A pinched nerve occurs when a bone, muscle, or tendon exerts pressure on one of the fibers that conducts messages from your brain and spinal cord throughout your body. This results in a number of symptoms, including pain, which can be alleviated with medication.
Medications used to treat a pinched nerve include oral non-steroidal anti-inflammatory (NSAID) medications and, for more severe cases, corticosteroid injections.
NSAIDs work by interfering with the production of prostaglandins, chemicals in your body that contribute to inflammation and cause pain, explains the University of Virginia. Corticosteroid medications suppress the actions of your immune system, which also alleviates inflammation and pain.
Over-the-counter NSAIDs like ibuprofen and naproxen are often effective for alleviating the pain of a pinched nerve. If your pain is moderate to severe, your doctor may prescribe a prescription-strength NSAID like diclofenac or meloxicam.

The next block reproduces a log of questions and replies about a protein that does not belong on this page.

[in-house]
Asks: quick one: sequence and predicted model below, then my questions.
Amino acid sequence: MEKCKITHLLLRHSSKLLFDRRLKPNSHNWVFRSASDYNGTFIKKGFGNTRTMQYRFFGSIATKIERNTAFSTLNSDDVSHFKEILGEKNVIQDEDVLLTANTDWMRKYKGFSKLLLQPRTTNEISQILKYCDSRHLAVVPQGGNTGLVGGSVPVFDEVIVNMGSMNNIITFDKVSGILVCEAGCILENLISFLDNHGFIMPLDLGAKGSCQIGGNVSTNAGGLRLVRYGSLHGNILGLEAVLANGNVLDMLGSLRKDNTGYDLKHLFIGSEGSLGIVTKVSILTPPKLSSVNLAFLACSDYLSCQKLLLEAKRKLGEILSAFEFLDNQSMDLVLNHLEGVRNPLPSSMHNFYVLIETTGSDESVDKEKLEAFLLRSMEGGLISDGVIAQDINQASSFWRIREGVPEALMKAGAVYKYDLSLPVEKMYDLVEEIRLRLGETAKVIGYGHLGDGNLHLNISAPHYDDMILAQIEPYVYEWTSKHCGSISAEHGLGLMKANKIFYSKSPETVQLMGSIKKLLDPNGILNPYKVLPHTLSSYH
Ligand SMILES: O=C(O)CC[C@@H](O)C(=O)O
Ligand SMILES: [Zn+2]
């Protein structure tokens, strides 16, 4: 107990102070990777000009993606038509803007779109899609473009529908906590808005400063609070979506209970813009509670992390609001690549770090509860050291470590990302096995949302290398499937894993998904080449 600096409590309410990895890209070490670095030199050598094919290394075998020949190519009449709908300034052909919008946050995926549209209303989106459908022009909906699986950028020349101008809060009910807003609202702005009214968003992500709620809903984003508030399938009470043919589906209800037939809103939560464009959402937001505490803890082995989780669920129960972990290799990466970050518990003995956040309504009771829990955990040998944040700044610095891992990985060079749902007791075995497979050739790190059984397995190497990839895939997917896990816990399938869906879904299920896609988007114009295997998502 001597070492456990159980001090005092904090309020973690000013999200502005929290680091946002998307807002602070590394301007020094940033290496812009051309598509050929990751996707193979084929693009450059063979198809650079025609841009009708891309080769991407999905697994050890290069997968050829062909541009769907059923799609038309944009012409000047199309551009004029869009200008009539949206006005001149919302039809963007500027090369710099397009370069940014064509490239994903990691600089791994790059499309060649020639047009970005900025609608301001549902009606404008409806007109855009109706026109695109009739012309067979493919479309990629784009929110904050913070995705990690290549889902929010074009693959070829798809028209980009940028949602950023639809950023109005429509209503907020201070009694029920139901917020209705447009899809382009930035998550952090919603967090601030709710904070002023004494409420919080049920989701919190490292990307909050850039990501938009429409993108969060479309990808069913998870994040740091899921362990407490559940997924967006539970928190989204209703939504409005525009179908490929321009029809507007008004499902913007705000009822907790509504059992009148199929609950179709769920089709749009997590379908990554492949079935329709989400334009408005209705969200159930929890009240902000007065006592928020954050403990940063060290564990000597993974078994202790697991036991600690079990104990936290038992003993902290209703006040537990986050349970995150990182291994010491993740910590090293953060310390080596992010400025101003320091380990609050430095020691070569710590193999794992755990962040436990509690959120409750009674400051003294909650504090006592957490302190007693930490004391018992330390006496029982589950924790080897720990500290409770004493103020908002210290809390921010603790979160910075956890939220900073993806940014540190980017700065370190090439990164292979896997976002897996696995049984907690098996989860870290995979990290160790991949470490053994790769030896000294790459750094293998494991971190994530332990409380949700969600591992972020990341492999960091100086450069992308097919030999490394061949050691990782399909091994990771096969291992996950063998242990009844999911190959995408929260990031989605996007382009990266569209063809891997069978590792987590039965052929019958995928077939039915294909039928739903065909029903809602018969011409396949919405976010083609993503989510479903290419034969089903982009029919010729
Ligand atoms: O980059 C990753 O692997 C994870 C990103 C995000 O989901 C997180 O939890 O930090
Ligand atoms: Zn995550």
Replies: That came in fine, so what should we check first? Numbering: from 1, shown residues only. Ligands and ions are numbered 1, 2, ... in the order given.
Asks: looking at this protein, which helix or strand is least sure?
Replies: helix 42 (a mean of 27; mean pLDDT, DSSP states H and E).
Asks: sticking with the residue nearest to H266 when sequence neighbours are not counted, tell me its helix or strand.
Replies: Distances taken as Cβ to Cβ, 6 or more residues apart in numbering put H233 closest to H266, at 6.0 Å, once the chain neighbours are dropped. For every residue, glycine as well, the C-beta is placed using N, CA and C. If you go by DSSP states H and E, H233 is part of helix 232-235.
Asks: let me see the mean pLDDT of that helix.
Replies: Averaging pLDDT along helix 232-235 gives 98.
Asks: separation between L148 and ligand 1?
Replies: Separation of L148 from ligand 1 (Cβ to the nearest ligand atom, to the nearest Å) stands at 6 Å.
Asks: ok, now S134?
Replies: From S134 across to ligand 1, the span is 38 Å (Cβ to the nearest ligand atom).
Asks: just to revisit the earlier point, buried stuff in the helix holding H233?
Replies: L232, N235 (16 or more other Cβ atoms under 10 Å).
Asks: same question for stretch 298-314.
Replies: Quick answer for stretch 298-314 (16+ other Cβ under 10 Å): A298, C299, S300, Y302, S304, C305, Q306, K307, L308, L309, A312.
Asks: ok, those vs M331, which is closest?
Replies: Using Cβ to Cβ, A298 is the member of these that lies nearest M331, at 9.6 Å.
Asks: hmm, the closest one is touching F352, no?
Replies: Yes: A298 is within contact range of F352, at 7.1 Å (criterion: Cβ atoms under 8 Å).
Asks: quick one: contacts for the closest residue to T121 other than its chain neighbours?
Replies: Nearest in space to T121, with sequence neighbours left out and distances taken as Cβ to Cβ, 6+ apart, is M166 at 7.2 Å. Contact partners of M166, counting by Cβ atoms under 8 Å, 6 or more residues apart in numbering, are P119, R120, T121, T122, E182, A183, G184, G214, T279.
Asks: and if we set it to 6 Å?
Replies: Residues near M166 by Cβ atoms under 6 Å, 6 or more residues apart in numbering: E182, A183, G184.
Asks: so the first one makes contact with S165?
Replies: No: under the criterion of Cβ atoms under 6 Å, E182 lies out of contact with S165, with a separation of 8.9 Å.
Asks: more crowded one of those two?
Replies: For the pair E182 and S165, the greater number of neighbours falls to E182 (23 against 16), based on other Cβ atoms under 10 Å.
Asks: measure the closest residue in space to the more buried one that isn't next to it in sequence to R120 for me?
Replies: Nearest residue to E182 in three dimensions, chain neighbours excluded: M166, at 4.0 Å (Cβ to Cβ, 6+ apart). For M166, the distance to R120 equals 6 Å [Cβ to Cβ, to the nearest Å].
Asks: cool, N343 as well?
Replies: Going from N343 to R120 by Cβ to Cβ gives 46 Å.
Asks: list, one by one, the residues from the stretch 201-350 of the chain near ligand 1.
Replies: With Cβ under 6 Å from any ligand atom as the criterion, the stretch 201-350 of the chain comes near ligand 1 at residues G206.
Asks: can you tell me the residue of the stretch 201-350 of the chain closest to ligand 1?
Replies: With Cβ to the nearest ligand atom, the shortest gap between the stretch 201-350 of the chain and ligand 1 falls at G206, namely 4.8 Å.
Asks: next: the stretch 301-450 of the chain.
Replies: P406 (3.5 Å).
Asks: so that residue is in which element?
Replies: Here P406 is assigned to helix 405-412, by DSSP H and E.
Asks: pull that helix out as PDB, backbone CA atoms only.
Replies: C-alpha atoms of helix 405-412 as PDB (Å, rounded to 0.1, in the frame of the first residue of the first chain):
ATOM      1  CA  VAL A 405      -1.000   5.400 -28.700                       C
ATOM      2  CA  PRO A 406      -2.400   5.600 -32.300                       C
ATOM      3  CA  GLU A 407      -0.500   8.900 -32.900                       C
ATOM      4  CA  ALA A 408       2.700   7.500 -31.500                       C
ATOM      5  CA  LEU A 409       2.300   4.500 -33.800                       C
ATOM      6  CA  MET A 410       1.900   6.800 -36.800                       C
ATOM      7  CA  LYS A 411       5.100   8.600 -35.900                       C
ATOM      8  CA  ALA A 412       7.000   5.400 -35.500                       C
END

NSAIDs taken for the pain of a pinched nerve are typically used every few hours as long as the pain persists. Corticosteroid injections are usually administered only once for the treatment of a pinched nerve.
Risks associated with NSAIDs include gastrointestinal ulceration or bleeding and heart attacks or disease, warnsthe American College of Gastroenterology and the U.S. Food and Drug Administration. In some patients, corticosteroid injections cause tendons or other tissues surrounding the injection site to break down or even rupture, cautions the University of North Carolina.